5.1 Inlet efficiency

5.2 Diffuser efficiency
The inlet efficiency was found using equation (5.1).
Note that the efficiency term is very sensitive to discrepancies in the pressure when u2 approaches u0,
which occurs at a specific CT for each duct when the
freestream ingested flow area equals the rotor area.
This sensitivity can be avoided by assuming that the
efficiency calculated for CT 0 is appropriate for all
values of CT. The inlet efficiency was not expected to
show significant variation with CT because unlike in
the diffuser, flow separation is very unlikely in the
inlet and the efficiency is primarily due to friction
over a relatively constant surface. The inlet efficiency
was typically within 5 per cent of unity, and simply
assuming a value of unity had little impact on CP as
calculated from the analytical equation equation (2.8).

p2  p0

1=2 u02  u22


The diffuser efficiency calculated from equation (5.2)

accounts for viscous loss and flow separation. The
diffuser efficiency is shown for ducts D1 to D7 in
Fig. 11. As expected, it was observed that as (A4 =A3 )
and y4,in grow, the diffuser efficiency diminishes due
to increasing flow separation. The efficiency was
nearly constant with CT.

p4  p3

1=2u32 1  A32


5.3 Base pressure coefficient

The base pressure coefficient was calculated from
equation (2.4) and is plotted in Fig. 12 for ducts D1
to D7. The base pressure coefficient was seen to
increase in magnitude with (A4 =A3 ) and y4,out. As

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Empirical model for ducted tidal turbine performance

seen in Fig. 12, the base pressure coefficient

decreased as the thrust coefficient increased.
5.4 Power characteristic
The power coefficient is plotted as a function of CT for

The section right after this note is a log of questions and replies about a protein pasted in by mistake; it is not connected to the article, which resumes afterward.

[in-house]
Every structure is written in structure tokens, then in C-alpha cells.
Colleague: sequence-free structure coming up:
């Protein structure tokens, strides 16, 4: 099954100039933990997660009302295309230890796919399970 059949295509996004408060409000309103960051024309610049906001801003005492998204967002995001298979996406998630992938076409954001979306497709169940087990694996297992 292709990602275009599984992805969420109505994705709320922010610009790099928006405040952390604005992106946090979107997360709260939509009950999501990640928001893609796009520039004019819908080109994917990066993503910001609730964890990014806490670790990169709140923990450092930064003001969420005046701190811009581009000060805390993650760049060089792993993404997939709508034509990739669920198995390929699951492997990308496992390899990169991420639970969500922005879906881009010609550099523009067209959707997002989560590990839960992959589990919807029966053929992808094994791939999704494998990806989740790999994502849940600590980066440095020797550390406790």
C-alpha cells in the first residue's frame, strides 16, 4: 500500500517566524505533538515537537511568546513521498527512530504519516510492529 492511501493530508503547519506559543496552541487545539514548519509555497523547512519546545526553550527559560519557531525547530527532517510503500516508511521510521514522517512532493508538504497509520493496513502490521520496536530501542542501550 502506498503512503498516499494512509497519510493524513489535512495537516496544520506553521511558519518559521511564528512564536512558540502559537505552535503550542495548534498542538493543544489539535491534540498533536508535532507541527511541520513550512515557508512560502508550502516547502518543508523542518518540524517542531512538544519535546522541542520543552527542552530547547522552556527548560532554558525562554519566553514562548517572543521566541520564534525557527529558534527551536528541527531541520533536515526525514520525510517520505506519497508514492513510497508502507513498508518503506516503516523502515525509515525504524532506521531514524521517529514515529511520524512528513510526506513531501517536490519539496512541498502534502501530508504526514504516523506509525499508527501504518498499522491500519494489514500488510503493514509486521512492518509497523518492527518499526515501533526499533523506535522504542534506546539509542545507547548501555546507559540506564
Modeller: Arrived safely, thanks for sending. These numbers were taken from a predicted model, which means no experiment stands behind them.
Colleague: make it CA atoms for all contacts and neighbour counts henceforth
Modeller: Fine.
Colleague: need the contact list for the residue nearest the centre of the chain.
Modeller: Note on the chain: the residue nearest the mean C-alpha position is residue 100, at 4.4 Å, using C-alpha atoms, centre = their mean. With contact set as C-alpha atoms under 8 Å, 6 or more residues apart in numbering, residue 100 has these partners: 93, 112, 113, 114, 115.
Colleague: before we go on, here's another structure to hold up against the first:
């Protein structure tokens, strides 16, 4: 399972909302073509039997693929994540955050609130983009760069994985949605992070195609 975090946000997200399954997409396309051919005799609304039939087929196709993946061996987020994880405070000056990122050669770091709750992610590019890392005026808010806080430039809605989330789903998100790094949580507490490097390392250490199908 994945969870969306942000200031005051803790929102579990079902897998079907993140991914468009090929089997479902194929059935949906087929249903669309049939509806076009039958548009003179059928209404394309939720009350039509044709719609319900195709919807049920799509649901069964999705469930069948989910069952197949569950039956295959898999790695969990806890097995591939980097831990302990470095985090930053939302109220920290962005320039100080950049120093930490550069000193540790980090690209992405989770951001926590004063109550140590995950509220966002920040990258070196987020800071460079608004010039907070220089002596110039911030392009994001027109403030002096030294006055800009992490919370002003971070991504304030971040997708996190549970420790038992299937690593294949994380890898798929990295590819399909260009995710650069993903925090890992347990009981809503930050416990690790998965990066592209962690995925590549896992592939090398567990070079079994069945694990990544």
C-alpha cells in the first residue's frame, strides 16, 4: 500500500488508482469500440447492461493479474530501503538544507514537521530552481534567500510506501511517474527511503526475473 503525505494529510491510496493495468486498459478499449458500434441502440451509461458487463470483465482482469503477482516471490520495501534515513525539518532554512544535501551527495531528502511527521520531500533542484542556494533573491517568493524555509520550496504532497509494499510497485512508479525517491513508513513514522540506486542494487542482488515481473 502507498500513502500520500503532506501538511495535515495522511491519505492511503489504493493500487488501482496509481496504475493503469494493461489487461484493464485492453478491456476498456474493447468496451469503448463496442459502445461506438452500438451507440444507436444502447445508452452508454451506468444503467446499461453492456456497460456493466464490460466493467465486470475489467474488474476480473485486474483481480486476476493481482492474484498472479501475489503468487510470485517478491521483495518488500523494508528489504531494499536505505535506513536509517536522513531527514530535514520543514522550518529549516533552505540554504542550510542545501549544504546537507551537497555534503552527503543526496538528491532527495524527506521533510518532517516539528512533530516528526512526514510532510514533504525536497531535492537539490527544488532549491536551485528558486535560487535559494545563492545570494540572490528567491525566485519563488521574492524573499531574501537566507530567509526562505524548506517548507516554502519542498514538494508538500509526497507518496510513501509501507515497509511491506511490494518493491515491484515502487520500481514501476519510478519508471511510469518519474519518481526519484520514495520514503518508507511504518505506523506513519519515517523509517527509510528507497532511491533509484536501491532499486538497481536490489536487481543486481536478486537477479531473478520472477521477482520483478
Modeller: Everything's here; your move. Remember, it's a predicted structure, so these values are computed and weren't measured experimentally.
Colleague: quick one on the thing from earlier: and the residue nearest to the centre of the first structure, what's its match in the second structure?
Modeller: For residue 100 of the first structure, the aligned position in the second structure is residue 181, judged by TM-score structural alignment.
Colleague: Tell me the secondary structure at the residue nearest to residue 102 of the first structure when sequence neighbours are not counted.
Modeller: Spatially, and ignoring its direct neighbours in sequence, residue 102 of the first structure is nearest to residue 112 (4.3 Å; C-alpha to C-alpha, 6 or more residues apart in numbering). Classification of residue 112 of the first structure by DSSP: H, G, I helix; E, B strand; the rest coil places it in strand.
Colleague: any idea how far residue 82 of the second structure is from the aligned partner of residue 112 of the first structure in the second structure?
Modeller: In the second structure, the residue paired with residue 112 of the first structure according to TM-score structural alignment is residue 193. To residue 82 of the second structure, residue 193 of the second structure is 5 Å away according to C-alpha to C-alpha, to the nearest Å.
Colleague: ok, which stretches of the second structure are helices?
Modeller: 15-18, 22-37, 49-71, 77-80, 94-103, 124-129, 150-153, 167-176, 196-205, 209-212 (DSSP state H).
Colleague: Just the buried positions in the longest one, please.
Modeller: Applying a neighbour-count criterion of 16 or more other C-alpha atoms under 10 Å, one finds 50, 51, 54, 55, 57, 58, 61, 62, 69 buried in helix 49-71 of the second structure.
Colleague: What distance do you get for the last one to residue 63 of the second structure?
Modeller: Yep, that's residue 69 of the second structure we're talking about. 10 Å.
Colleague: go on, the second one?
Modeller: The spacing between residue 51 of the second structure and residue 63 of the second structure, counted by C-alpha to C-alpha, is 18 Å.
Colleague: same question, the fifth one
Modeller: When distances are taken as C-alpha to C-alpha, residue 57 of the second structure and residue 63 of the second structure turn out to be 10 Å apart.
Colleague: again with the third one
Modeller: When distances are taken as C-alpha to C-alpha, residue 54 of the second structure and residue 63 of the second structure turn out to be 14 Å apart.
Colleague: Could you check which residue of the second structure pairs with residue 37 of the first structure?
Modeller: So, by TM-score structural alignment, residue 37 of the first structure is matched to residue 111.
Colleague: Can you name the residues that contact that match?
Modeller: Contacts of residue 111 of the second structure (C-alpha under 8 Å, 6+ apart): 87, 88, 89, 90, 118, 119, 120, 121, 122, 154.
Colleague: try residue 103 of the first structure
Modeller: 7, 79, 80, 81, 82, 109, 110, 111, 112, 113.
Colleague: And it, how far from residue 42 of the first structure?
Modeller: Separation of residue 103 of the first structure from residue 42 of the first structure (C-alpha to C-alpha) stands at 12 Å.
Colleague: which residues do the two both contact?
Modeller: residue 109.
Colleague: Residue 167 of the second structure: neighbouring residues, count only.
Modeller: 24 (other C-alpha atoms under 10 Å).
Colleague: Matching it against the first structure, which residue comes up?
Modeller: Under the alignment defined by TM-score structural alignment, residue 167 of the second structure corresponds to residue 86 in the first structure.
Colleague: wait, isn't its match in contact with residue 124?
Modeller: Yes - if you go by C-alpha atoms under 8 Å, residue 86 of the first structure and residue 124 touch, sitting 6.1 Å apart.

all ducts in Fig. 13. The first four duct designs maintained a constant diffuser outlet angle of 19 while
changing the duct expansion ratio. The effect of this
was as expected for cases D1D3, with larger expansion resulting in greater CP enhancement; however,
D4 showed little further improvement over D3 as the
area ratio increased from 2.36 to 2.87. The flow field
for D3 and D4 operating at CT 0.9 is depicted in
Fig. 9. The region of separated flow (where u < 0) is
shown in black. These results support the assertion
that the maximum power enhancement possible by a
duct is limited primarily by flow separation.
The next set of ducts (D5D7) was created to test
the impact of outlet angle on performance. It was
observed that large outlet angles reduce the diffuser

Fig. 12

Empirical model prediction of Cp,b (solid line)

compared to CFD results for development
cases D1D7 (symbols)

Fig. 13


efficiency due to increased flow separation, but also

provide a greater base pressure effect due to blockage
of the flow exterior to the duct. Flow separation from
the inner surface of the duct essentially creates a